Sugar of the Crop tells the story of an unprecedented quest to find the last surviving children of slaves. In a revealing journey that takes her from Los Angeles to Louisiana, from a Harlem church to a Virginia nursing home, Sana Butler paints a fascinating picture of freed slaves as husbands and wives, mothers and fathers, and tells the story of how they raised children after the Civil War.
Drawing on a decade of interviews with centenarians whose parents were slaves, Butler reveals how African Americans emerged from slavery with a powerful drive to put the past behind and a deep commitment to make the most of their opportunities, large and small. Like immigrants, freed slaves faced a new America with hopes and dreams for their children and the nation’s future. Impelled by a generation that exercised political power at a rate never again seen in this country, the sons and daughters were raised to be independent and often fearless thinkers, laying the groundwork for what would later become the Civil Rights Movement.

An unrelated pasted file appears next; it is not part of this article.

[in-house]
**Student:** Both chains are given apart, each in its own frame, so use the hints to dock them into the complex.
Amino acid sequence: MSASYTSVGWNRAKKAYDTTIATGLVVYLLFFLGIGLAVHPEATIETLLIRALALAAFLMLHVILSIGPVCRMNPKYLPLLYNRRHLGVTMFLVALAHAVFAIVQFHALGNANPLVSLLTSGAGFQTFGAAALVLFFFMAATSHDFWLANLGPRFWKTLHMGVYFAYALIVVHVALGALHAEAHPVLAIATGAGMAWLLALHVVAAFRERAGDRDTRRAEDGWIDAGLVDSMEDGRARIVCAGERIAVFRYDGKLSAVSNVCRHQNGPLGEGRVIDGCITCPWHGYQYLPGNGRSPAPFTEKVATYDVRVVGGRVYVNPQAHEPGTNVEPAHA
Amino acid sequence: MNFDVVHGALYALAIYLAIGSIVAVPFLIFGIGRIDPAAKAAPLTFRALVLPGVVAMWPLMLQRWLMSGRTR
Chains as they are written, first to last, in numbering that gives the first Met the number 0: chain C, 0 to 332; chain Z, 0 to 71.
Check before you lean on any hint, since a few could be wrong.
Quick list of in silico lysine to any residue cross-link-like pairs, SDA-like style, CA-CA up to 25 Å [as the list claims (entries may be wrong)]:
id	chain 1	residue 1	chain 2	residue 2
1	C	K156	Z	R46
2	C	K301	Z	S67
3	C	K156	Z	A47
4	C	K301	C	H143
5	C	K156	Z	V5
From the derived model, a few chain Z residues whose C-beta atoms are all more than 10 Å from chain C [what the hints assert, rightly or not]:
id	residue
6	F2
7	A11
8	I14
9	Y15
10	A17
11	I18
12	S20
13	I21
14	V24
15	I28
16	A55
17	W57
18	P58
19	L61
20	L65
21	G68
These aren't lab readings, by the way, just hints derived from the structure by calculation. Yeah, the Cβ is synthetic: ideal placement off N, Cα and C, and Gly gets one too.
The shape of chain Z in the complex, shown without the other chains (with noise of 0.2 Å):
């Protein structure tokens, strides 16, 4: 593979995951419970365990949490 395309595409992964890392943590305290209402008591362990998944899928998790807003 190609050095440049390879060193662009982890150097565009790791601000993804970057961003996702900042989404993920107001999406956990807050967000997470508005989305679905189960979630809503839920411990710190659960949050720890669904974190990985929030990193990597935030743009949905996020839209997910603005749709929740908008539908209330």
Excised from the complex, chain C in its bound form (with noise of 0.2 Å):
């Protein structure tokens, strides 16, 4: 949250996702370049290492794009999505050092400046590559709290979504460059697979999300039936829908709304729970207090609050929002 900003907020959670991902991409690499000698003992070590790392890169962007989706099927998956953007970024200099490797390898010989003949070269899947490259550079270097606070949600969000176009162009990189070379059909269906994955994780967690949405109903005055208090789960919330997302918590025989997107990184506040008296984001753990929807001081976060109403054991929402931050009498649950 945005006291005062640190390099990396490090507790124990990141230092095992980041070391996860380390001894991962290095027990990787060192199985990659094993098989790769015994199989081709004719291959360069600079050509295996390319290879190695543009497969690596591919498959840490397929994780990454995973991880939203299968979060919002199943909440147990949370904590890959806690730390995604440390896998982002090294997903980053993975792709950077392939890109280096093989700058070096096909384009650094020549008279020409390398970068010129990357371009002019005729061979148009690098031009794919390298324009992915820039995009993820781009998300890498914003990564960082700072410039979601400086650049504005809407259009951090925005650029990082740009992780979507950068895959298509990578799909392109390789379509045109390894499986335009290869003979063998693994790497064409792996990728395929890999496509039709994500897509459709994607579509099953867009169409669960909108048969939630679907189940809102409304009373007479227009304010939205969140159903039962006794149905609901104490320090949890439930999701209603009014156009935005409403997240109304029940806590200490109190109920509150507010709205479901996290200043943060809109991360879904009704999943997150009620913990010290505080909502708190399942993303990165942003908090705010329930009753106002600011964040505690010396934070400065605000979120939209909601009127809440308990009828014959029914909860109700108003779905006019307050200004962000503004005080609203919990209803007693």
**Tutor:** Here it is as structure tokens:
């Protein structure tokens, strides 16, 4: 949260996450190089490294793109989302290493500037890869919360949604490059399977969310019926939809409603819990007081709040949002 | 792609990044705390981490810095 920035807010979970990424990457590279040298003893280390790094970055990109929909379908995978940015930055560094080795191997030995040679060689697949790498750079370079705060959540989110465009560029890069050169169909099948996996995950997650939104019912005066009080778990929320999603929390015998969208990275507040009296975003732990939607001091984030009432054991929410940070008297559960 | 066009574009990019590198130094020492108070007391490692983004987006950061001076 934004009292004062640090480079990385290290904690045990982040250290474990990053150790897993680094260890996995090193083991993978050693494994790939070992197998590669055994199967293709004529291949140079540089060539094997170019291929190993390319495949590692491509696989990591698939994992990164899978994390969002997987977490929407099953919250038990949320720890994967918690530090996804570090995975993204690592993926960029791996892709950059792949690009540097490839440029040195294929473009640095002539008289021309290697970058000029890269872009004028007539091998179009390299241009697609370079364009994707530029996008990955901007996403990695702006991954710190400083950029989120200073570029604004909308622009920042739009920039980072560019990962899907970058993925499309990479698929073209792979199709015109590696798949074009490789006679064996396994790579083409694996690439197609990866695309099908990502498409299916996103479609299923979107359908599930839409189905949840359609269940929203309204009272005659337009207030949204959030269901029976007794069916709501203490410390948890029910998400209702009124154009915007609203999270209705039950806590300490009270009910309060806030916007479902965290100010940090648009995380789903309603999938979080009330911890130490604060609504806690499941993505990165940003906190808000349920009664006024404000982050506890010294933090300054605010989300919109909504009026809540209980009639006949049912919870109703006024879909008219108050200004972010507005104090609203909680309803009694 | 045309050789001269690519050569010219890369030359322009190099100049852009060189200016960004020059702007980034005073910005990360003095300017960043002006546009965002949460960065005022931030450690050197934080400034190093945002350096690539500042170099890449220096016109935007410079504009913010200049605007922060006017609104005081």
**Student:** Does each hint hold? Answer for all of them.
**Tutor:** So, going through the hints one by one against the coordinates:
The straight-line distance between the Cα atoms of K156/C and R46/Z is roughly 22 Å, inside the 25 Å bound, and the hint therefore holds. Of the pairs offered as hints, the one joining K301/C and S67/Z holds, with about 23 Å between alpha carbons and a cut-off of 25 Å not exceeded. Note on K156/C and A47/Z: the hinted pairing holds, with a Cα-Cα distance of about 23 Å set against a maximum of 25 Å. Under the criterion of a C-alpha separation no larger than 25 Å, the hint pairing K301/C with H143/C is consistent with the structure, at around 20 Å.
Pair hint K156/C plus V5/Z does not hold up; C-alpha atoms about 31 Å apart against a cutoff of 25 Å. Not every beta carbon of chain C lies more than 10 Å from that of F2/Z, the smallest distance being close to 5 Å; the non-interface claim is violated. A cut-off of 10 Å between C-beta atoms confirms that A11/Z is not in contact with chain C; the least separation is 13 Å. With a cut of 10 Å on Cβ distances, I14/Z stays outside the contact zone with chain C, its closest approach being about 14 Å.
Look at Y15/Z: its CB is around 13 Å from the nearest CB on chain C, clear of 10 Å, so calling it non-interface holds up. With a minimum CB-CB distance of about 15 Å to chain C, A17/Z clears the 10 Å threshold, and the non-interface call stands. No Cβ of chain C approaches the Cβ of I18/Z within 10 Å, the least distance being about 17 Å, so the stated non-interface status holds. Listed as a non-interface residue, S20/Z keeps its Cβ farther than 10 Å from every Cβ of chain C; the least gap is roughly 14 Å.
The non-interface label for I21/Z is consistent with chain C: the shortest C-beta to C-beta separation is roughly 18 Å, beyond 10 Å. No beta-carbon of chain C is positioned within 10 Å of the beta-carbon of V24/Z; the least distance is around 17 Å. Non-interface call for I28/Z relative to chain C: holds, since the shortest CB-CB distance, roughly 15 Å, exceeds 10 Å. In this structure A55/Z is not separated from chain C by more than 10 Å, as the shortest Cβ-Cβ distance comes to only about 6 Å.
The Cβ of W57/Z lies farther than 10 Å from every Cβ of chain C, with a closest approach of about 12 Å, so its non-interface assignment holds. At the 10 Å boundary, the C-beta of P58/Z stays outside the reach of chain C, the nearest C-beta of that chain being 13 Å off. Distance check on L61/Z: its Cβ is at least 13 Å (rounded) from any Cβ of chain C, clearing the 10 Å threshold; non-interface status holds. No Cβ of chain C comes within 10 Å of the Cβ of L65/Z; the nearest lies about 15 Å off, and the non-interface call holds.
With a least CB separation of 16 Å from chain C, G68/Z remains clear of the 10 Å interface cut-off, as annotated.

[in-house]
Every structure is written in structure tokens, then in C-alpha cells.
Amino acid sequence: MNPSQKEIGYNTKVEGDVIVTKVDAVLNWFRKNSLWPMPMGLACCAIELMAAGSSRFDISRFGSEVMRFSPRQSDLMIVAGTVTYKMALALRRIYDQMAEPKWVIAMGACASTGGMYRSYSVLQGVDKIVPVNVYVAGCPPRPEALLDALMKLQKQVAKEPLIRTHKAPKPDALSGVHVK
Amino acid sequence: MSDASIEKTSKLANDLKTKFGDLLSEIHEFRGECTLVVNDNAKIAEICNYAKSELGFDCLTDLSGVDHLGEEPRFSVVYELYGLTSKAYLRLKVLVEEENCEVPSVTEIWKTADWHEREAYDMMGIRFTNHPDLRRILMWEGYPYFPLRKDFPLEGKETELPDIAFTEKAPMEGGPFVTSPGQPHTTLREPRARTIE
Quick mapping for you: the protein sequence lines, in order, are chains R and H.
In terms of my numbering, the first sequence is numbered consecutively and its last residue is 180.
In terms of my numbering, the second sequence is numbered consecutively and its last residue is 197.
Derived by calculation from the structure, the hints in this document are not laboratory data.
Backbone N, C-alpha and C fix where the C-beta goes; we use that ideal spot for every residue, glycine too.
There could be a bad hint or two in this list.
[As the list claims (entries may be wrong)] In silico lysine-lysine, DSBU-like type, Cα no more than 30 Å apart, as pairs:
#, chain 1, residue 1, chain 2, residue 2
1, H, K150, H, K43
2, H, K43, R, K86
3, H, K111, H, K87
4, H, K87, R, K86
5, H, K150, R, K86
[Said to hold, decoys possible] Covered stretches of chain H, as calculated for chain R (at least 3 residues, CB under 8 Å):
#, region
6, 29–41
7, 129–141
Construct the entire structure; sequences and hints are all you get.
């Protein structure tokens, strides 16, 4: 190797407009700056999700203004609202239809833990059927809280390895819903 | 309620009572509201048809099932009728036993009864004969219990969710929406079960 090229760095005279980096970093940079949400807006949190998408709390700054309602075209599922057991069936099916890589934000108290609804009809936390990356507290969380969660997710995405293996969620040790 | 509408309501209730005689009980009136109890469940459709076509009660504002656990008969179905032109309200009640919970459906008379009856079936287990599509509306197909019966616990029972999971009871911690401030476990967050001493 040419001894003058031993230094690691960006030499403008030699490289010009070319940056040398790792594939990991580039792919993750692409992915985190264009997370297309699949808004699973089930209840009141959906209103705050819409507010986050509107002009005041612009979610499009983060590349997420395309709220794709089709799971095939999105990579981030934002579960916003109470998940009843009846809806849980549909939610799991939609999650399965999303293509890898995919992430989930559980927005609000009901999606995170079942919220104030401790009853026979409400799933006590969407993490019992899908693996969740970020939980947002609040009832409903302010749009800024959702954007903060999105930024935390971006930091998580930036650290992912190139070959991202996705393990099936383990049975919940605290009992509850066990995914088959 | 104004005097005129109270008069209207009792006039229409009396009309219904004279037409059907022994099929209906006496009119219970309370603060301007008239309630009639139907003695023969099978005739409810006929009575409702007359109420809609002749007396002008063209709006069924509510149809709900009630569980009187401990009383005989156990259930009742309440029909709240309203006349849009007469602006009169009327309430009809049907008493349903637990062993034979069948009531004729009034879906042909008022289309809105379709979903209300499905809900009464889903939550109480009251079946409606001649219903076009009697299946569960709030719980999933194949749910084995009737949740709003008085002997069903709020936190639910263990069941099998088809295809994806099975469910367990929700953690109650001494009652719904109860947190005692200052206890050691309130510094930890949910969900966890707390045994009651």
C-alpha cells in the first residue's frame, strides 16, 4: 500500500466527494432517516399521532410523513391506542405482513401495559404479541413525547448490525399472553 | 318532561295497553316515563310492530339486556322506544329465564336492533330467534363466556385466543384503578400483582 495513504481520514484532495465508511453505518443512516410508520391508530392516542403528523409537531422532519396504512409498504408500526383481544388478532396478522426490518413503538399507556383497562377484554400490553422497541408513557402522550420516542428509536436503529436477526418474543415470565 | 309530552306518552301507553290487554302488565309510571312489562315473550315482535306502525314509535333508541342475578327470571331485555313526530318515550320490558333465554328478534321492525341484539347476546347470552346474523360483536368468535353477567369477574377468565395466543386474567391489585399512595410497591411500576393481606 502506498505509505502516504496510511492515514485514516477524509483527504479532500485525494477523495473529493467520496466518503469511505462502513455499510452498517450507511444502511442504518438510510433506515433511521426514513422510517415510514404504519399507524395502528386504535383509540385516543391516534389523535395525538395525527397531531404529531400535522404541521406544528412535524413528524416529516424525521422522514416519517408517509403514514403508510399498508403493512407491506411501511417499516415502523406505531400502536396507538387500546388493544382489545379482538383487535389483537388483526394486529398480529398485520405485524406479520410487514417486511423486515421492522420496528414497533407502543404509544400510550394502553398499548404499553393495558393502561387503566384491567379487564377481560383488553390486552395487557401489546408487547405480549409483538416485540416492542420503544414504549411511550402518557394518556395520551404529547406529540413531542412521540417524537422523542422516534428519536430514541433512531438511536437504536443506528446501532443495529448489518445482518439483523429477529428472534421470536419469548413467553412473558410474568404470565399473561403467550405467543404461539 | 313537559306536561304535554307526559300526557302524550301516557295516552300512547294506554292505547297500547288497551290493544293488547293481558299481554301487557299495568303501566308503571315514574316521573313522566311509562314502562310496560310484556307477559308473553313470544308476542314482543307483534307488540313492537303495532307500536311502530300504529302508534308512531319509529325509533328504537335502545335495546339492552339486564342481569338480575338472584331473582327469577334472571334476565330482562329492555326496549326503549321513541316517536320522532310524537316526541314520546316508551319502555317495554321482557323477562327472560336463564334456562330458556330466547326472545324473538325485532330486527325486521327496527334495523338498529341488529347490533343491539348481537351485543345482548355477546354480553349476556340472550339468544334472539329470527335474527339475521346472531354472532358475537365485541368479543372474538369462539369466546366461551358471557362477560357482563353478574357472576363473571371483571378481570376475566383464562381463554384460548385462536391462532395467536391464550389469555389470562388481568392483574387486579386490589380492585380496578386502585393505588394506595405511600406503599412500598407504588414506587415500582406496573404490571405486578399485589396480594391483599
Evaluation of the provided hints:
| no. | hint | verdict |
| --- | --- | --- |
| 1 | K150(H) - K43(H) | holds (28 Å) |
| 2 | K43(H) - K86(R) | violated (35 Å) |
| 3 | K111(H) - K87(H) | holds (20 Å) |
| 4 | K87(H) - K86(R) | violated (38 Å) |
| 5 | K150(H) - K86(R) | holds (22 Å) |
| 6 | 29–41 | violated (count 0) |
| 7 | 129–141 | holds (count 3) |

Through one of the most important new explorations of African American history in recent memory, Butler tells a profound story of our past and present from a perspective never seen before. Not since the Works Progress Administration gathered slave narratives during the Great Depression has a journalist conducted such in-depth primary interviews into this epic period in America’s history. Underlying the story of her bittersweet devotion to finding a generation everyone told her was long dead is Butler’s even more personal storythat of her father struggling with a rare cancer, holding on just long enough to watch his daughters grow up. Collecting priceless oral histories and seeking answers to questions about her own family tree, Butler offers a penetrating and controversial new perspective on the seemingly well known and documented story of slavery and its slaves. In so doing, she turns history as we know it upside down.